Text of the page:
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Genetic Testing is also referred to as DNA testing (singular - a DNA test). If a doctor is ordering a DNA test, it is typically done to establish or confirm if a health condition is due to an alteration in the DNA of a patient. If a person is doing what is known as a Direct-To-Consumer (DTC) test, then most of the time it is done to get a good picture (profile) of someone’s overall health condition and if lifestyle changes should be made. A good number of people consider ancestry analysis using DNA as a genetic test as well. In our discussions here, we will not consider ancestry analysis as genetic tests but more as an application of genome analysis that is of interest to the public.

Genetic tests can also help determine if a person has a chance of developing a genetically influenced disease (some cancers like breast cancer can be genetically influenced) or is capable of passing the condition on to their children (like color blindness). Technologies for evaluating DNA have become so good that millions of tests (millions of datapoints) can be generated in one attempt. Whatever it is, it is good to keep in mind that just because someone has an altered DNA in a gene being tested or if a result shows or tells that you are pre-disposed to a disease like cancer, it does not necessarily mean that someone is going to get the disease. There are certain ways genes work within our cells and a basic understanding of Genetics is necessary before you worry about getting a disease of any type. See Genetics, DNA and Genes before you do a genetic test so that you know how different results can be understood and appreciated. Also, if questions are there, it is best to talk to your family physician or find a genetic counselor near you. Most hospitals have them, and a list of Genetic Counselors in each State in the US can be found at the National Society of Genetic Counselors (NSGC) website:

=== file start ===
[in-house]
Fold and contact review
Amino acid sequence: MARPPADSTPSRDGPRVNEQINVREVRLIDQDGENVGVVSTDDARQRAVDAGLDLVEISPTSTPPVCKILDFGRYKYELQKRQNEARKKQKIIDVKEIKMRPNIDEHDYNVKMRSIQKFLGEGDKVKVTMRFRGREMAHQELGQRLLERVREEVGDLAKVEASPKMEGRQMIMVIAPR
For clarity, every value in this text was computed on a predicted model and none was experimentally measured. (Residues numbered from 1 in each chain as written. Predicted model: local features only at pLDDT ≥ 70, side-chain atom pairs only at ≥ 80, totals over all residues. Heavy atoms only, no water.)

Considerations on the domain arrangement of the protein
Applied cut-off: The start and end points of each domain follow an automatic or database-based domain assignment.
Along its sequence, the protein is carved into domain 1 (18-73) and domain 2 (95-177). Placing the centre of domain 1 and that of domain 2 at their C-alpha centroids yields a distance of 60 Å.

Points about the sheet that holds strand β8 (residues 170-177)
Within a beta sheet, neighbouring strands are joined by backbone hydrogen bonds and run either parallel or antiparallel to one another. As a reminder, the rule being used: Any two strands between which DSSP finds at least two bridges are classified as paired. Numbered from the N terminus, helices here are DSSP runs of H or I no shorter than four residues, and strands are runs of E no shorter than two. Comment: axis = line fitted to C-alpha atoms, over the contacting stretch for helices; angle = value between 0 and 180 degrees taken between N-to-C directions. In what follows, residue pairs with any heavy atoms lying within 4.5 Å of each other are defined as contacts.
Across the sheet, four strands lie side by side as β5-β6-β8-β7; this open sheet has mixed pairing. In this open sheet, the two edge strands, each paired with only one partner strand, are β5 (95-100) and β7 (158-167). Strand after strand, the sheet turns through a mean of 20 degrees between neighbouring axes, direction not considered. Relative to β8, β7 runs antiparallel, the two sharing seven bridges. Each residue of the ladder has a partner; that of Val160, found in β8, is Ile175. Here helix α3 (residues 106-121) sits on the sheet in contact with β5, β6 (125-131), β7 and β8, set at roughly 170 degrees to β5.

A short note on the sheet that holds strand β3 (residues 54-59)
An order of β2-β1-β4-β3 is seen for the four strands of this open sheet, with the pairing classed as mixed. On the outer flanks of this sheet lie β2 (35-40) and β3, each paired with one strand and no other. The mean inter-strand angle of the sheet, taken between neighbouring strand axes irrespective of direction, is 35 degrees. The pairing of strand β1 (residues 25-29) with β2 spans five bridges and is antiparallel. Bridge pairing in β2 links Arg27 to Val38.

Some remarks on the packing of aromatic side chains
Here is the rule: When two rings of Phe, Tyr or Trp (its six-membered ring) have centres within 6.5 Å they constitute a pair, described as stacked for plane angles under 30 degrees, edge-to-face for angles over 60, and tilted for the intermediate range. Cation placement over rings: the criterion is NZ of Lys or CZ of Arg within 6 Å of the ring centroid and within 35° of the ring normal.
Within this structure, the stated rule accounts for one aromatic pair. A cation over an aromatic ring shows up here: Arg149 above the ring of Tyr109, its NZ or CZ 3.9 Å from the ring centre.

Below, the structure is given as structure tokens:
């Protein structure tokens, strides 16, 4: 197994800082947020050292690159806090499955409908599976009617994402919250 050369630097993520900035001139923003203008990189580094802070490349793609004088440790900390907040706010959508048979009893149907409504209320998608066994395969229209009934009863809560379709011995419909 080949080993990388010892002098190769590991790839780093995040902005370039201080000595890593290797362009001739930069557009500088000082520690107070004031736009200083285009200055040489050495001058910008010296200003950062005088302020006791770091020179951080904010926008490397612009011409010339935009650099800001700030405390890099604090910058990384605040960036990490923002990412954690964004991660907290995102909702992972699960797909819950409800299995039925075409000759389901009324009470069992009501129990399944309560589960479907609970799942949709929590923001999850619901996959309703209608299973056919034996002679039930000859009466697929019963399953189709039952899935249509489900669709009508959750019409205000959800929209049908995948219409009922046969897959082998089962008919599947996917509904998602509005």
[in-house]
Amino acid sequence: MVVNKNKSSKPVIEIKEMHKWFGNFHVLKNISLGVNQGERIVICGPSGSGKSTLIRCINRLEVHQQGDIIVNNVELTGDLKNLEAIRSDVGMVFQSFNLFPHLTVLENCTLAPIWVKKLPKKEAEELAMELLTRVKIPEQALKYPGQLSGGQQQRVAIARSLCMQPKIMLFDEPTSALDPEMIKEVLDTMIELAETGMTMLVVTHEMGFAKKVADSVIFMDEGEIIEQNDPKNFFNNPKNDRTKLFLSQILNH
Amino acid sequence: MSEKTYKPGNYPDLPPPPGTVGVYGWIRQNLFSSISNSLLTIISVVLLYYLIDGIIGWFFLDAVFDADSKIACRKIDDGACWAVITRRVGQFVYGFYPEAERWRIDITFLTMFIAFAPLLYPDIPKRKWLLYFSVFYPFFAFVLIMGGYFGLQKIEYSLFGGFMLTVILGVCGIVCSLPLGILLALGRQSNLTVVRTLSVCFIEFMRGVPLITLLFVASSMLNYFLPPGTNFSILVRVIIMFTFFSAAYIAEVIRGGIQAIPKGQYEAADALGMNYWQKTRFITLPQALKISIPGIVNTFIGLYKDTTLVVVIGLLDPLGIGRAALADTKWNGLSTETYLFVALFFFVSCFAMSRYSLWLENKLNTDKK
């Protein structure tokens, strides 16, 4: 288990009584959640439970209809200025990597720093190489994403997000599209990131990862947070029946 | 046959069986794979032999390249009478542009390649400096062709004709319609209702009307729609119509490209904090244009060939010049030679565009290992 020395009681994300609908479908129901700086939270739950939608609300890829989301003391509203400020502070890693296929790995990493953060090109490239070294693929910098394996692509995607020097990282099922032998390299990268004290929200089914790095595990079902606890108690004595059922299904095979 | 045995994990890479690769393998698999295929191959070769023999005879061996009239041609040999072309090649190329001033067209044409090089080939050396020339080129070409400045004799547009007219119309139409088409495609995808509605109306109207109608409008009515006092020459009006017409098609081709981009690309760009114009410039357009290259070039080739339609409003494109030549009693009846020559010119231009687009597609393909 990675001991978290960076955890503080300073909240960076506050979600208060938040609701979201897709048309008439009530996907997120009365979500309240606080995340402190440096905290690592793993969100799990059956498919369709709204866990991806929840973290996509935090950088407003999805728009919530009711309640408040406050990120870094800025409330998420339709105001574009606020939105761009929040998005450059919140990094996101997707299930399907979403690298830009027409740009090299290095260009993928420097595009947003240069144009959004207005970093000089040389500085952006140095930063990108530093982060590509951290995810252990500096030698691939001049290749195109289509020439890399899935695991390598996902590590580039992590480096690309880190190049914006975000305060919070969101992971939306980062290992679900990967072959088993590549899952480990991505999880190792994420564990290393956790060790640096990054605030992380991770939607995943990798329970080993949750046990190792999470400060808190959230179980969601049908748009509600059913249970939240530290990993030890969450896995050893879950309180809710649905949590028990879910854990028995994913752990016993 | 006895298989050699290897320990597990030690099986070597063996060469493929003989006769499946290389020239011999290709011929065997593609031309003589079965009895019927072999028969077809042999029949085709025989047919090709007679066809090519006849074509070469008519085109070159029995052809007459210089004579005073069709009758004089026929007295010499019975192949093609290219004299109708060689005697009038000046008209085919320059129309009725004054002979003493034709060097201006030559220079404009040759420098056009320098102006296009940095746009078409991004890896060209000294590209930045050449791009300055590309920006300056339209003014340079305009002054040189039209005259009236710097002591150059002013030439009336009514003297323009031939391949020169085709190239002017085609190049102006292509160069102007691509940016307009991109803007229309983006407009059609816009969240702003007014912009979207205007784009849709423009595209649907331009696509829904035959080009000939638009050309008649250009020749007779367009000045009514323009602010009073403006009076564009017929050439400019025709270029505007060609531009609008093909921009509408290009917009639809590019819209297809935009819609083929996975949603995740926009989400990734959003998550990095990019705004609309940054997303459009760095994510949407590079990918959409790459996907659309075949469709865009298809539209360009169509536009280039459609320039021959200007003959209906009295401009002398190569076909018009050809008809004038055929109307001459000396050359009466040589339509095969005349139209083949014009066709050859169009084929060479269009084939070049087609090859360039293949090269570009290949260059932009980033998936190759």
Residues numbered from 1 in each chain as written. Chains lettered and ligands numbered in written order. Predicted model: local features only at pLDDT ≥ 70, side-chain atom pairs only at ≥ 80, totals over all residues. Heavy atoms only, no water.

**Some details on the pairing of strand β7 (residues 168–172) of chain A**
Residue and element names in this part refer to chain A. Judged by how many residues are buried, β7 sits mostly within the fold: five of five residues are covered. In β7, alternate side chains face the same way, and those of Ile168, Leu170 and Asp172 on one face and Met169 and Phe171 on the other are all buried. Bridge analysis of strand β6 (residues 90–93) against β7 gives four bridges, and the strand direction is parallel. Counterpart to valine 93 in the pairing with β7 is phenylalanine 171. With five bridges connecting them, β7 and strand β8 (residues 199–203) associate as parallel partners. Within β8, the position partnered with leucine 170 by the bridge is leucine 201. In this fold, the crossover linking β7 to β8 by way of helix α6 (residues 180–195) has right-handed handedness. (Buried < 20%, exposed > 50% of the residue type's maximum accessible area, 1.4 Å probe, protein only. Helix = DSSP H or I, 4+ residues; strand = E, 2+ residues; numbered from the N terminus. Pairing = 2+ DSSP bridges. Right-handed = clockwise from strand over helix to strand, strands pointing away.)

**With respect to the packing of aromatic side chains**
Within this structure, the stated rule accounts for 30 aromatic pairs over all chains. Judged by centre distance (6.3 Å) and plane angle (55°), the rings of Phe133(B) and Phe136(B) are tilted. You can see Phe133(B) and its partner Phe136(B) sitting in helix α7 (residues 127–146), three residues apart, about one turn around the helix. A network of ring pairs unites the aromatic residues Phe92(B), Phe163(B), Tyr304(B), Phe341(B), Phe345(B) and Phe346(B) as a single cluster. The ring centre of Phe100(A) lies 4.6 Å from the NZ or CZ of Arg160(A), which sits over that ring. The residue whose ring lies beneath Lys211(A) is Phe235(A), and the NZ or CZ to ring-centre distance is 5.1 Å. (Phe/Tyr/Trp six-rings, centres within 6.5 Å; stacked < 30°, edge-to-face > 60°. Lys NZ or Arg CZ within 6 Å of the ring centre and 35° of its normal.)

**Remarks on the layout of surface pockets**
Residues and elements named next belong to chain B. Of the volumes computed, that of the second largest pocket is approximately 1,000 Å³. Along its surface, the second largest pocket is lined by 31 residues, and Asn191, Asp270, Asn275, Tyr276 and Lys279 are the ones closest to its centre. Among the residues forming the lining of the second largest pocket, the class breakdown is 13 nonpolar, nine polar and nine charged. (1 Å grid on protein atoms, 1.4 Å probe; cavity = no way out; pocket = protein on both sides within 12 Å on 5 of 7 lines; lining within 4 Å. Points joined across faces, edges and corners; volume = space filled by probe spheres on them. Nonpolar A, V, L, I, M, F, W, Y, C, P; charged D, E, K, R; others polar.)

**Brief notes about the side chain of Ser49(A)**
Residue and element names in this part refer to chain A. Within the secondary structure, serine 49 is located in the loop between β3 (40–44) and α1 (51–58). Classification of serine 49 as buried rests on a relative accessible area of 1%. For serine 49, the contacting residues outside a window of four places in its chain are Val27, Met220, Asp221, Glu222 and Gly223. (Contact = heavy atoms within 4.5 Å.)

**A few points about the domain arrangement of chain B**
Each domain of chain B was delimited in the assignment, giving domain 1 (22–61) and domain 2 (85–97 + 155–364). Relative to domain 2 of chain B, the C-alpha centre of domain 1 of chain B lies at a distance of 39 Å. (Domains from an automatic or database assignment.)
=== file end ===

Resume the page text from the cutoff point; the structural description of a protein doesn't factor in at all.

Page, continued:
Types of Genetic Tests

Different types of genetic tests are done for different reasons. The reasons are described along with examples so that you can know how clinicians (doctors) might use these tests. What is listed below are tests that are mostly ordered by doctors.